Some GMs do like the information though. So, it’s the sort of thing we could cram into a sidebar. Otherwise, the entire system for designing and pacing the dungeon and how and why we’re giving out XP here for this and not that? We don’t need to explain it. This is a background. It’s a design system, not one we use for table play.
In point of fact, we’re actually doing the GM a favor. Because we won’t tell the GM “hey, figure out how many monsters the PCs beat and add up the XP and divide it by PC.” We can just say “each PC in this encounter gets 100 XP if they beat the monsters.” Done and done.
So, we’re fine on that. Just wanted to throw that out there.
How Much XP to Give for Encounters
Alright, kids, time for some more spreadsheets. But these ones are actually kind of simple. We want to figure out how much XP to make everything worth, so that we can plan out progression. So, again, we’re going to start with the big spreadsheety map thing we came up with in the first article. Because that represents our overall level progression. For the most part.
Now, let’s start looking seriously at it.
First of all, we’ve got a mistake. Look at the line for level 11? Notice that level 11 has two days of adventure, right? Why? Because we built that chart trying to map out the XP progression. So, we have that line that assumes the heroes start at level 11, have two days of adventure, face 7 encounters in each of those days, and then they hit level 12.
But that’s not what’s going to happen. That LAST day of adventure? Level 11, Day 2? That should end with the boss fight? The last encounter. The PCs aren’t going to see the XP for that day. I mean, they will, but it won’t matter for this adventure. So when we do our math, we can’t factor that day in. I mean, there’s a chance the PCs will go partway through that day and then retreat before they face the last boss. If we let them. But that we can figure out when we actually figure out how to handle that on the last day. The last day doesn’t matter.
The other thing is that that entire part about the optional XP? That’s only sort of a guideline now. We based it on the assumption that there would be a number of optional encounters and that would add up to optional XP. Right? And we wanted to make sure there was just enough to give the PCs a chance to overlevel.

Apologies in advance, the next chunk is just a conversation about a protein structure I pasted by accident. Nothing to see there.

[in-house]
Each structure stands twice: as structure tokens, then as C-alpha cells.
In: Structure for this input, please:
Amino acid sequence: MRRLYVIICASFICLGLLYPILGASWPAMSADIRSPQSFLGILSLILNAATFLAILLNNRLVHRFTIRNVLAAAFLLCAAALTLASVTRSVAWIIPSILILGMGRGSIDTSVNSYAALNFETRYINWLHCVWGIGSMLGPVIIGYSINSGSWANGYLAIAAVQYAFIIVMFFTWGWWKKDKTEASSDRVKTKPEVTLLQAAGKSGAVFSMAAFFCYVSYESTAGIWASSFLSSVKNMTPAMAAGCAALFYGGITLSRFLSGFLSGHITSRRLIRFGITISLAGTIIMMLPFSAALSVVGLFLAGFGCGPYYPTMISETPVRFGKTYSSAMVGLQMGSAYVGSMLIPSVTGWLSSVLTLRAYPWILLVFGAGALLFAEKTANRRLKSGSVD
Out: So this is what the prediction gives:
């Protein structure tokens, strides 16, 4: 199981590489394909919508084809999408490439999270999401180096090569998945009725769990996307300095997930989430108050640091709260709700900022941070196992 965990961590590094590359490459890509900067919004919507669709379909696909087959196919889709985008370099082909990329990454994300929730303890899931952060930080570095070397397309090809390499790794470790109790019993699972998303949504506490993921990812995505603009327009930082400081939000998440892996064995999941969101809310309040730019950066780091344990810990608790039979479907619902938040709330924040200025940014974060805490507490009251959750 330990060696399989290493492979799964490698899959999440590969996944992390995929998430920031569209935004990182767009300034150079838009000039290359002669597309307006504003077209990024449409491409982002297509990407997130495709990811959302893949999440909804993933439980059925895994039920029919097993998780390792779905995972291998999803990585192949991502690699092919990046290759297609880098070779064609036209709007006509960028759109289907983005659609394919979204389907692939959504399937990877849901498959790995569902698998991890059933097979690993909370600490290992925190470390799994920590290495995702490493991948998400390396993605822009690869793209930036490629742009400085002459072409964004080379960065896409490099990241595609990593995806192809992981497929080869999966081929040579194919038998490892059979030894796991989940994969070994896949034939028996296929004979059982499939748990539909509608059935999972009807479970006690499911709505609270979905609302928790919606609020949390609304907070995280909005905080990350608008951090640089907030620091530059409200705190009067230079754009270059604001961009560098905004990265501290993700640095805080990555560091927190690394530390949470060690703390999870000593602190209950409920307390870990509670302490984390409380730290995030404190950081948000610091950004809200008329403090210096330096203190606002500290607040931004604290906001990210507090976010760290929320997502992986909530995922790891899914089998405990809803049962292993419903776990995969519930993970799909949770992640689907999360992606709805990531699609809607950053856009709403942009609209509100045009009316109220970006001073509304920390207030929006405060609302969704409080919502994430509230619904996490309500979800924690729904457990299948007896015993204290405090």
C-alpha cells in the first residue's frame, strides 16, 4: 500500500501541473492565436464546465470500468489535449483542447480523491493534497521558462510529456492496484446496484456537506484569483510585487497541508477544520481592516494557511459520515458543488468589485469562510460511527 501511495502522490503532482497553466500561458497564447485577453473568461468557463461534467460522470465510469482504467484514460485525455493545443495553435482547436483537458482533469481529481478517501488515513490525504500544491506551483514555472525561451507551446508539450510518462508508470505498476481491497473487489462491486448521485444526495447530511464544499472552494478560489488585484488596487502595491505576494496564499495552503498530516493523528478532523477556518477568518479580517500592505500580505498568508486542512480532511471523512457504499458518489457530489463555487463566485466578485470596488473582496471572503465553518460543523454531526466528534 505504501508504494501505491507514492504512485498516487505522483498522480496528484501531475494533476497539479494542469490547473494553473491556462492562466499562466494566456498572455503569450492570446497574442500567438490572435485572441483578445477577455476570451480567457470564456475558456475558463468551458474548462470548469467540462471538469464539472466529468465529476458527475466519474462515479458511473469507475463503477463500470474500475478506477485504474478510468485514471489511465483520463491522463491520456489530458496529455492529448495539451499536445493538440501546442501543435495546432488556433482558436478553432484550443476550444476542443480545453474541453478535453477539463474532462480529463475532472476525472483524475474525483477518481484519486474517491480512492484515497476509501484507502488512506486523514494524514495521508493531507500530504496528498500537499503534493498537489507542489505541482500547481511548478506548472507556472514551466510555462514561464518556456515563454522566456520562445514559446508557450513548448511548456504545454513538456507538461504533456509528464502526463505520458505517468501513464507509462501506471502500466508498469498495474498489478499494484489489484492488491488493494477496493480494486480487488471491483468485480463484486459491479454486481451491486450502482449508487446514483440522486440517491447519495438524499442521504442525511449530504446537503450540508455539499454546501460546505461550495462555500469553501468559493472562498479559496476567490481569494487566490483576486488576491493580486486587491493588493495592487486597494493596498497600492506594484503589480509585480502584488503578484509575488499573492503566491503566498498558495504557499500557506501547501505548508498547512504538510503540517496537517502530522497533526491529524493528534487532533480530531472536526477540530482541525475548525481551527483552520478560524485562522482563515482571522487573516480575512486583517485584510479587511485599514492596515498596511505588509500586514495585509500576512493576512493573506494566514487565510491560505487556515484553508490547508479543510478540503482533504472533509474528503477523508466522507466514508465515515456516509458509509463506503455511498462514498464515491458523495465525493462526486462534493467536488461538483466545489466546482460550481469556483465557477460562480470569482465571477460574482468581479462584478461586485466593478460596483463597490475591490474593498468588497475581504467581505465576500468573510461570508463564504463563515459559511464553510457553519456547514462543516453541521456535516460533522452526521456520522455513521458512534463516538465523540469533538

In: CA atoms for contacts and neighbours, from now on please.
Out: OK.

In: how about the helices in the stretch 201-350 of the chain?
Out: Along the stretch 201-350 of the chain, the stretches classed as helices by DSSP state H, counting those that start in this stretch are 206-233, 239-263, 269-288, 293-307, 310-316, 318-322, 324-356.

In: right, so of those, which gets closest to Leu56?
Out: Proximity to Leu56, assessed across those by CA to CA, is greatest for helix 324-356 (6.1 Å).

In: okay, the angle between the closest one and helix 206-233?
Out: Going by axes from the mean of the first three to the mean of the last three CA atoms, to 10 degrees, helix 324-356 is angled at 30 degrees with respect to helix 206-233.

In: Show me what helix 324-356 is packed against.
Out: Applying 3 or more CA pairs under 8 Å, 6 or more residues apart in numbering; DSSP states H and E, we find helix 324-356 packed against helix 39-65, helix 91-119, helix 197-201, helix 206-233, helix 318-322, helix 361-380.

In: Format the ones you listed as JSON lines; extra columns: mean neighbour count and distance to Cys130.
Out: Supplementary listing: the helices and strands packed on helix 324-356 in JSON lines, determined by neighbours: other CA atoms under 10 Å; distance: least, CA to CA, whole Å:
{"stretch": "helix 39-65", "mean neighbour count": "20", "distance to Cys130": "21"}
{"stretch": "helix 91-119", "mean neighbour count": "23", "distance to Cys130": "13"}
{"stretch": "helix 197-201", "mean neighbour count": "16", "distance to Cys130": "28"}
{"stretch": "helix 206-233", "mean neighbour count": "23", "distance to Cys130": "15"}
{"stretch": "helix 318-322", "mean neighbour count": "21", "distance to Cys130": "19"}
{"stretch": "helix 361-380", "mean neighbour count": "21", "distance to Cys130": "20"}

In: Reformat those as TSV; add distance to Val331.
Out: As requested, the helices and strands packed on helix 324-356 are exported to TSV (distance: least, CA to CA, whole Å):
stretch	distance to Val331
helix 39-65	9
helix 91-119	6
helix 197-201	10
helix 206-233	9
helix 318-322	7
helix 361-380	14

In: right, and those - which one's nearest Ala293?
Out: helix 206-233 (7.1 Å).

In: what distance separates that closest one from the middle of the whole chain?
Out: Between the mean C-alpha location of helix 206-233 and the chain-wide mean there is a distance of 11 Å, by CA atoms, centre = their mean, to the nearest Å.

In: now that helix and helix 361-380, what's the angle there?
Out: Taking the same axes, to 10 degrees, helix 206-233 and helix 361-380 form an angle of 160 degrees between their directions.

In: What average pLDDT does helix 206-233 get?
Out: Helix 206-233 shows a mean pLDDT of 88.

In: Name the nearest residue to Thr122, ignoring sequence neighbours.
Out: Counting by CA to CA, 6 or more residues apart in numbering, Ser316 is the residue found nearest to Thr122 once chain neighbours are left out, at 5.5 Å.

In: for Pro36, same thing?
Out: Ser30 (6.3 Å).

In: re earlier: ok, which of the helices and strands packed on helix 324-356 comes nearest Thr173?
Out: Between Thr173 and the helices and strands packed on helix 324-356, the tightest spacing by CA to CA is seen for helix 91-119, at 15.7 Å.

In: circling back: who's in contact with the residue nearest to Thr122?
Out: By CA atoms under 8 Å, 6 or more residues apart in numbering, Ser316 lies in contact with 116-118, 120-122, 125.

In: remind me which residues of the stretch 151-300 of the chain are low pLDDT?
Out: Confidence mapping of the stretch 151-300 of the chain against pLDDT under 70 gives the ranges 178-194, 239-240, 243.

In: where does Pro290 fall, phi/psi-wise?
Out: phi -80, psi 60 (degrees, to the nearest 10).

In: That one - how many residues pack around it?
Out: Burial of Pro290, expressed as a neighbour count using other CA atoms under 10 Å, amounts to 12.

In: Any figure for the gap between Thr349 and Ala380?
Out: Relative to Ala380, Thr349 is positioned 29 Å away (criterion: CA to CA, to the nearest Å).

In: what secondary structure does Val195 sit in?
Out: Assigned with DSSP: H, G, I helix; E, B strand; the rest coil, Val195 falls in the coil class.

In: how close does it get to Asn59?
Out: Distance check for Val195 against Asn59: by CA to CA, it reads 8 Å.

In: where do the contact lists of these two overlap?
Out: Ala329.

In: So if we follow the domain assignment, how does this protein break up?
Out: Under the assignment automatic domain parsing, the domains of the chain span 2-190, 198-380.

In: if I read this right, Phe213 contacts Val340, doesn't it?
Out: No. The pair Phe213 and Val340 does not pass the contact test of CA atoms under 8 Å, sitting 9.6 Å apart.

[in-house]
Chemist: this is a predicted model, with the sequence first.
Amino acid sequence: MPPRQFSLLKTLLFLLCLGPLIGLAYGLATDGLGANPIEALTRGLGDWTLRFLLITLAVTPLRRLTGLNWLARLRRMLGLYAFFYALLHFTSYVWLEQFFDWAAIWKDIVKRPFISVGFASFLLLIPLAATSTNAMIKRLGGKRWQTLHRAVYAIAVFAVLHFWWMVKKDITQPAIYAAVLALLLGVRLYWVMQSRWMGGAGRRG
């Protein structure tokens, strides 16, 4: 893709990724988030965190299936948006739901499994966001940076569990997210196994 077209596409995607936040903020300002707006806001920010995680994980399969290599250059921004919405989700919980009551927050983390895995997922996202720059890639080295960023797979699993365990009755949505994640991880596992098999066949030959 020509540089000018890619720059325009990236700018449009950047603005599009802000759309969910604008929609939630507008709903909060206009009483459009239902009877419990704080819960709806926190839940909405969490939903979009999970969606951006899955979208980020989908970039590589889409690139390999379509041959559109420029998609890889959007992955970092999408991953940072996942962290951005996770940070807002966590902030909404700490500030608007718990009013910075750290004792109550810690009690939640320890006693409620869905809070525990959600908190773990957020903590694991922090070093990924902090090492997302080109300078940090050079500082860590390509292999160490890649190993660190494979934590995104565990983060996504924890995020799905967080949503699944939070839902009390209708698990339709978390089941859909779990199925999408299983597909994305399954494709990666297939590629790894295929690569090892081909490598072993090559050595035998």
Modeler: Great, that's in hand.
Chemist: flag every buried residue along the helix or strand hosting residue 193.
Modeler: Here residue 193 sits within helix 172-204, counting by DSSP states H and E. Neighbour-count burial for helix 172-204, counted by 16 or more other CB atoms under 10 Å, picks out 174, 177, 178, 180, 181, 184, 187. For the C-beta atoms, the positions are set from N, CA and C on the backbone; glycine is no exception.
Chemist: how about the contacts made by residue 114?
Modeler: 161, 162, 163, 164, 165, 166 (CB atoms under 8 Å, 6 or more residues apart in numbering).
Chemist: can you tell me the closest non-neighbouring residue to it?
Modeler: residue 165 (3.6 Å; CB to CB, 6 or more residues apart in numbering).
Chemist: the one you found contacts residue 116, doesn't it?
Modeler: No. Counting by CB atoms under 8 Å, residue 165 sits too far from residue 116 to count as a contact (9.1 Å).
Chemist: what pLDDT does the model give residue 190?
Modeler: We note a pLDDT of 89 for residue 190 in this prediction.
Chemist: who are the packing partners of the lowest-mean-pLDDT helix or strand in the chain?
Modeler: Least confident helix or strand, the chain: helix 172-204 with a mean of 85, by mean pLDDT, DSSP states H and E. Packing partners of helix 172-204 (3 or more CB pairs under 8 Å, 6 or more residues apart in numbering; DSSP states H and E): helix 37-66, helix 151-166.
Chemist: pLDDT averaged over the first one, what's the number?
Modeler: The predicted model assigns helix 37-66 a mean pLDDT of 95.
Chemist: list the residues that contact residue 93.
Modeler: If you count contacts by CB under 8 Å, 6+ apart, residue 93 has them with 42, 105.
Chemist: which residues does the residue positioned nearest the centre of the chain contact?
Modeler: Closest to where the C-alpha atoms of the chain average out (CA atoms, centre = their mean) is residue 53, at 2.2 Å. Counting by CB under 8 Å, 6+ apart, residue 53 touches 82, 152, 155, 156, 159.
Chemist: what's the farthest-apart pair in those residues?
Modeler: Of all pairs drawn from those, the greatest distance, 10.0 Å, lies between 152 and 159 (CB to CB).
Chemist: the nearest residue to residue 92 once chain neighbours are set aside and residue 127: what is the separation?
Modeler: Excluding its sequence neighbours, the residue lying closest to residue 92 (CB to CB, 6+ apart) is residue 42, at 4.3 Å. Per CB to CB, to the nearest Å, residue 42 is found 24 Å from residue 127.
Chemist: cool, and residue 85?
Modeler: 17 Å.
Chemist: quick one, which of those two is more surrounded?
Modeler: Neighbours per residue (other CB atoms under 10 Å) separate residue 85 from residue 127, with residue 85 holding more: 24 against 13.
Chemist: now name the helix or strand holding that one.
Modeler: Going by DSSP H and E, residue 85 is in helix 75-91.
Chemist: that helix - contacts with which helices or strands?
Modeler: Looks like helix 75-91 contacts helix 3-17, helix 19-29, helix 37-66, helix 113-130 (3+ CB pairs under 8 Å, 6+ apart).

So, the Optional XP Column tells us how much optional XP we want to make available at each level. But we no longer care about the number of encounters. We just care about ballparking the XP gain.
Okay, so there’s two types of XP in our game. Fixed XP and Optional XP. Fixed XP is the XP we’re going to do our best to make sure every player gains. And it’s going to be made up of two facets. Encounter XP that comes from specifically placed encounters along the critical path from the beginning to the end of the dungeon and Milestone XP that comes from specific story accomplishments.
Now, how much XP is a Fixed Encounter worth? Well, we don’t want to f$&% with the system because we’ve already assumed how much XP a Fixed Encounter is worth. Except that we already HAVE f$&%ed with the system. We’ve decided challenge is tiered, not linear. And therefore, to some extent, XP is tiered, not linear. Beyond that, though, we’ve also assumed that every encounter is worth the same XP. We haven’t accounted for difficult or easy encounters. In theory, about a quarter of the encounters will be easier than normal and give less XP. In theory, about a quarter of the encounters will be harder than normal and give more XP. However, in addition to that, every time the PCs fight multiple monsters, because of the way encounters are built, they get less XP than if they fought a single of an appropriate challenge. Why? Because when there are multiple monsters, you increase the XP for calculating the challenge of the encounter, but you give the PCs only the base XP for each monster.
How much does that s$&% matter? Well, that “multiple monster” business, which I call Phantom XP, is bulls$&%. We can ignore that rule altogether. GMs will give as much XP as we tell them to. So, in our world, as long as the encounter is designed to the right level of difficulty, the XP value should be the same whether it’s multiple monsters or one monster. That is, a moderate level 5 encounter should be worth 500 XP per PC regardless of whether it’s one umber hulk or two wights or four ghouls. Those are all, in the eyes of the DMG, roughly equal challenges. Therefore, the PCs should gain 2,000 XP. Done and done.